Laird Sentrius RG191

Migrating to the Helium Network

Introduction

This guide will help you connect a Laird Sentrius RG191 to the Helium Network using the Helium Miner. This will allow your gateway to participate in the Helium Network and to provide coverage!

Laird Sentrius™ RG1xx LoRaWAN-Enabled Gateway

Log in to the Sentrius web console

Following the instructions in the Quick Start Guide or the User Guide, log in to the web administration console for the Laird gateway. You will most likely get a certificate warning here, but you may safely ignore this (Laird discusses this in their guides).

Ensure firmware is up to date:

Follow the instructions in the User Guide to update to the most recent version of the firmware. The Firmware URL will differ depending upon what version you are currently running.

At the end of the update, you are prompted to reboot the gateway. Click Reboot. The gateway must be rebooted for the update to take effect.

Ensure sub-bands are Helium compatible

No changes should need to be made on the sub-bands to support the Helium Network.

Rather than verifying the sub-band frequencies by hand, you can upload a saved LoRa configuration file under LoRa->Advanced in the Laird Web Console.

Sentrius_LoRa_Config_2020-03-20T19_48_05.347Z.json
{
"data": {
"name": "Sentrius configuration 2020-05-12T05:08:54.684Z",
"country_code": "US"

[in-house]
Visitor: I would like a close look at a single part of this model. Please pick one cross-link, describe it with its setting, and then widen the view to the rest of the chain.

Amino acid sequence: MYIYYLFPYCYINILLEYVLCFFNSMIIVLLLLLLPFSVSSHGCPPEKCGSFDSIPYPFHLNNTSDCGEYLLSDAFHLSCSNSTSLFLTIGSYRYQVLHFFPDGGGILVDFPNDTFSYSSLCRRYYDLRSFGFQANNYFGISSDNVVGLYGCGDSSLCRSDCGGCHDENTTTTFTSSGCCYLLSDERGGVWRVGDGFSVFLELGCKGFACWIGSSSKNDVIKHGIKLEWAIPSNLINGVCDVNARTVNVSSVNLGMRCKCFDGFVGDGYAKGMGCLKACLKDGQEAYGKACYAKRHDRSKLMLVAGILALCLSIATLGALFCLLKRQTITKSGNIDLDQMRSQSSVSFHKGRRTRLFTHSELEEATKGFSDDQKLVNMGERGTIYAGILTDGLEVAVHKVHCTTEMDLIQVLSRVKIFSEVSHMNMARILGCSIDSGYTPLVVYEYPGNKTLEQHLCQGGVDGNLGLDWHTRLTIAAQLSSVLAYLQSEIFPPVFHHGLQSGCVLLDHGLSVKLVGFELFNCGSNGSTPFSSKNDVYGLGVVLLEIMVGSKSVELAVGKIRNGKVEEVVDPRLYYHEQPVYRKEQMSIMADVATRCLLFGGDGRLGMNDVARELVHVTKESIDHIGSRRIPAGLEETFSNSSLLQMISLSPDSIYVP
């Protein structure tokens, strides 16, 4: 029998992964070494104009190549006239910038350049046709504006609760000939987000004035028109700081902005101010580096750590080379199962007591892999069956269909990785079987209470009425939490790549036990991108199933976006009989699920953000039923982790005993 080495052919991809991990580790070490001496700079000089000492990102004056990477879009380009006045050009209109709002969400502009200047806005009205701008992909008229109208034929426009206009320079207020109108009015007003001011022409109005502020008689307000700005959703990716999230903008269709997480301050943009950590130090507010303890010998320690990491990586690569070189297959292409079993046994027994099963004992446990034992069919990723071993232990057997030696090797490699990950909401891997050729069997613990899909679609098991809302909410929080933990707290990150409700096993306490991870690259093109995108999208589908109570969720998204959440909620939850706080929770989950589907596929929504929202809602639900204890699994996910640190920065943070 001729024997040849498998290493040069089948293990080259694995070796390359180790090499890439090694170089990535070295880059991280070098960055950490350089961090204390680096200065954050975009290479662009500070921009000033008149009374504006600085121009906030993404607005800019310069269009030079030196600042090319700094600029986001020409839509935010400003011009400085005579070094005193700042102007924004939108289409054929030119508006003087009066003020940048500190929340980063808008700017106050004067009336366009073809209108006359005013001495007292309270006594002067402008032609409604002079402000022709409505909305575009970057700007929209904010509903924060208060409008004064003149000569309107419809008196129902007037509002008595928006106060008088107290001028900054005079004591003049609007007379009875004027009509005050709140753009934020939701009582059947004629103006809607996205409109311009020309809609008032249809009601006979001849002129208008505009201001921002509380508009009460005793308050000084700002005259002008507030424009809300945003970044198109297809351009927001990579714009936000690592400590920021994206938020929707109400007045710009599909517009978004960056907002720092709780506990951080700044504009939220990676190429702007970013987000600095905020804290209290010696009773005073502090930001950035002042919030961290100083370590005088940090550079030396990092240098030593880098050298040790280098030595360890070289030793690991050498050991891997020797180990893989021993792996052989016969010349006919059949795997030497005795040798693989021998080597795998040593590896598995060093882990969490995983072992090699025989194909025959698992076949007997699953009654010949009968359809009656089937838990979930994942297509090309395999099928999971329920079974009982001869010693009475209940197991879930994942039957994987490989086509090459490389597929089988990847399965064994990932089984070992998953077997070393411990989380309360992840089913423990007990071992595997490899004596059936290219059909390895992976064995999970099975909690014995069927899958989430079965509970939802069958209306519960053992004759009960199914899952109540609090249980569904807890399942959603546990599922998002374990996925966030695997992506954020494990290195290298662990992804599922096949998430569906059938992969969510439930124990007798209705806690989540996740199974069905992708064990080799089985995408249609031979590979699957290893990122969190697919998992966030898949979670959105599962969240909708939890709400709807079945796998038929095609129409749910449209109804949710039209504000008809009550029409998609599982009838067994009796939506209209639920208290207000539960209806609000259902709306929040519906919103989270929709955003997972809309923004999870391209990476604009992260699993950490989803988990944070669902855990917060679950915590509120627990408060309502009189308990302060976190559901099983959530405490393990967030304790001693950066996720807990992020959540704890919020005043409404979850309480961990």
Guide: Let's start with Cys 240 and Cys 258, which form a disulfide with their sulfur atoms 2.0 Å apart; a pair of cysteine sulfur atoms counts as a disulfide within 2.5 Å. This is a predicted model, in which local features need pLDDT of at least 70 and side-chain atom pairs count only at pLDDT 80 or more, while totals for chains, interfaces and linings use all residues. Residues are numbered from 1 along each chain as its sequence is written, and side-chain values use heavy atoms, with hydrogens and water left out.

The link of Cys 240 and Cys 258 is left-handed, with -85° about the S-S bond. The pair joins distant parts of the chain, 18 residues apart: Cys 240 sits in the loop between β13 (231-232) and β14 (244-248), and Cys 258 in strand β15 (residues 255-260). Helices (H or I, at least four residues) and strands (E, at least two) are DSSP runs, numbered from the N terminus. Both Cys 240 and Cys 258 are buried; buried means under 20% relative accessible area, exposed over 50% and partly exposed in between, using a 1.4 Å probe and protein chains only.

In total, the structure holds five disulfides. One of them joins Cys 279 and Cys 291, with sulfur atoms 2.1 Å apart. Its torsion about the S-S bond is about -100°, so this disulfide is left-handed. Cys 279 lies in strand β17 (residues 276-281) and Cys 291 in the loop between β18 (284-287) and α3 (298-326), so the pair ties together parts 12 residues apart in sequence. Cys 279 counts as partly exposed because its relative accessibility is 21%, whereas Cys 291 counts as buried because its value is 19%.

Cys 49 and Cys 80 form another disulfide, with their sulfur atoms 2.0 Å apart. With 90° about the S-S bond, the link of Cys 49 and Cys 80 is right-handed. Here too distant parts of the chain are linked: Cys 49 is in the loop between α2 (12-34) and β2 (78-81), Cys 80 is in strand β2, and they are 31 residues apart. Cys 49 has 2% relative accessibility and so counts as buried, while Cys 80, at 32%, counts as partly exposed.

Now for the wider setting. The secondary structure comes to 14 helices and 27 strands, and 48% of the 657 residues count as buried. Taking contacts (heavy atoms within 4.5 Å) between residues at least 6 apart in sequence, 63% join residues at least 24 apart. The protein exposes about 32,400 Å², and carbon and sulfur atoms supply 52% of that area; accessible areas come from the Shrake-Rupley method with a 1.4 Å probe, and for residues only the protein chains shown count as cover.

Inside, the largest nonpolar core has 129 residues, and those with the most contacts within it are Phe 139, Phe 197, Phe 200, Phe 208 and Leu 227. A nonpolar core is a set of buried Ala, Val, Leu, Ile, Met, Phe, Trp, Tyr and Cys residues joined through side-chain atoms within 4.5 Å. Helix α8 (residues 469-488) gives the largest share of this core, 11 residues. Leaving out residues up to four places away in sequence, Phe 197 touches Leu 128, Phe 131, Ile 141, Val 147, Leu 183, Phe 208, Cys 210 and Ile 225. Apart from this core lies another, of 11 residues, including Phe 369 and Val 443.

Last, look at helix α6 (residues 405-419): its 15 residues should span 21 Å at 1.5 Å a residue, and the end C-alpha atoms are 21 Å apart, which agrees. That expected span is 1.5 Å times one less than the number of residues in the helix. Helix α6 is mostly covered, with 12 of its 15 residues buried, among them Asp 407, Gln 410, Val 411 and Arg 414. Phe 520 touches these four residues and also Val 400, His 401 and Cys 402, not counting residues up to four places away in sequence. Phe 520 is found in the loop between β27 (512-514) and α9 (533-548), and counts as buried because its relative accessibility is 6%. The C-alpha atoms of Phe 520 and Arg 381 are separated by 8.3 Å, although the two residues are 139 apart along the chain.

},
"lora": {
"logging_level": "debug",
"gateway_mode": "semtech"
},
"forwarder": {
"server_address": "ENTER_SERVER_ADDRESS_HERE",
"serv_port_up": 1600,
"serv_port_down": 1600,
"keepalive_interval": 10,
"stat_interval": 30,
"push_timeout_ms": 100,
"forward_crc_valid": true,
"forward_crc_error": false,
"forward_crc_disabled": false
},
"radios": {
"radio_0": {
"freq": 904300000
},
"radio_1": {
"freq": 905000000
},
"chan_multiSF_0": {
"enable": true,
"radio": 0,
"if": -400000
},
"chan_multiSF_1": {
"enable": true,
"radio": 0,
"if": -200000
},
"chan_multiSF_2": {
"enable": true,
"radio": 0,
"if": 0
},
"chan_multiSF_3": {
"enable": true,
"radio": 0,
"if": 200000
},
"chan_multiSF_4": {
"enable": true,
"radio": 1,
"if": -300000
},
"chan_multiSF_5": {
"enable": true,
"radio": 1,
"if": -100000
},
"chan_multiSF_6": {
"enable": true,
"radio": 1,
"if": 100000
},
"chan_multiSF_7": {
"enable": true,
"radio": 1,
"if": 300000
},
"chan_Lora_std": {
"enable": true,
"radio": 0,
"if": 300000,
"bandwidth": 500000,
"spread_factor": 8
},
"chan_FSK": {
"enable": false
}
}
}

This is what the channels look like when configured for the Helium Network:

Monitor Traffic Coming through the Device

Click the Start Polling button in the upper-left, and, if you have a Helium node in the vicinity, you should start to see traffic. By clicking on a row, we can examine the packet details:

Connecting to a Helium Miner

Next you'll need to get the Helium Miner running. We'll assume you've done this with an Amazon AMI for the sake of this tutorial.

From Your EC2 dashboard, you should select your miner and take a look at the description at the bottom of the page:

Extract IP Address

In this case, the IP is 18.218.135.176. You now have to go back edit the packet forwarder's configuration such that it connects to you Miner on AWS.

Now you'll want to update your Sentrius_LoRa_Config_2020-03-20T19_48_05.347Z.json file to include the address of your miner as the "server_address"

"server_address": "18.218.135.176",

To verify that things are working, you can follow the logs on the AWS instance:

tail -f /var/log/miner/console.log | grep lora

At this point , you should see PULL_DATA messages every few seconds. If so, then you've done it!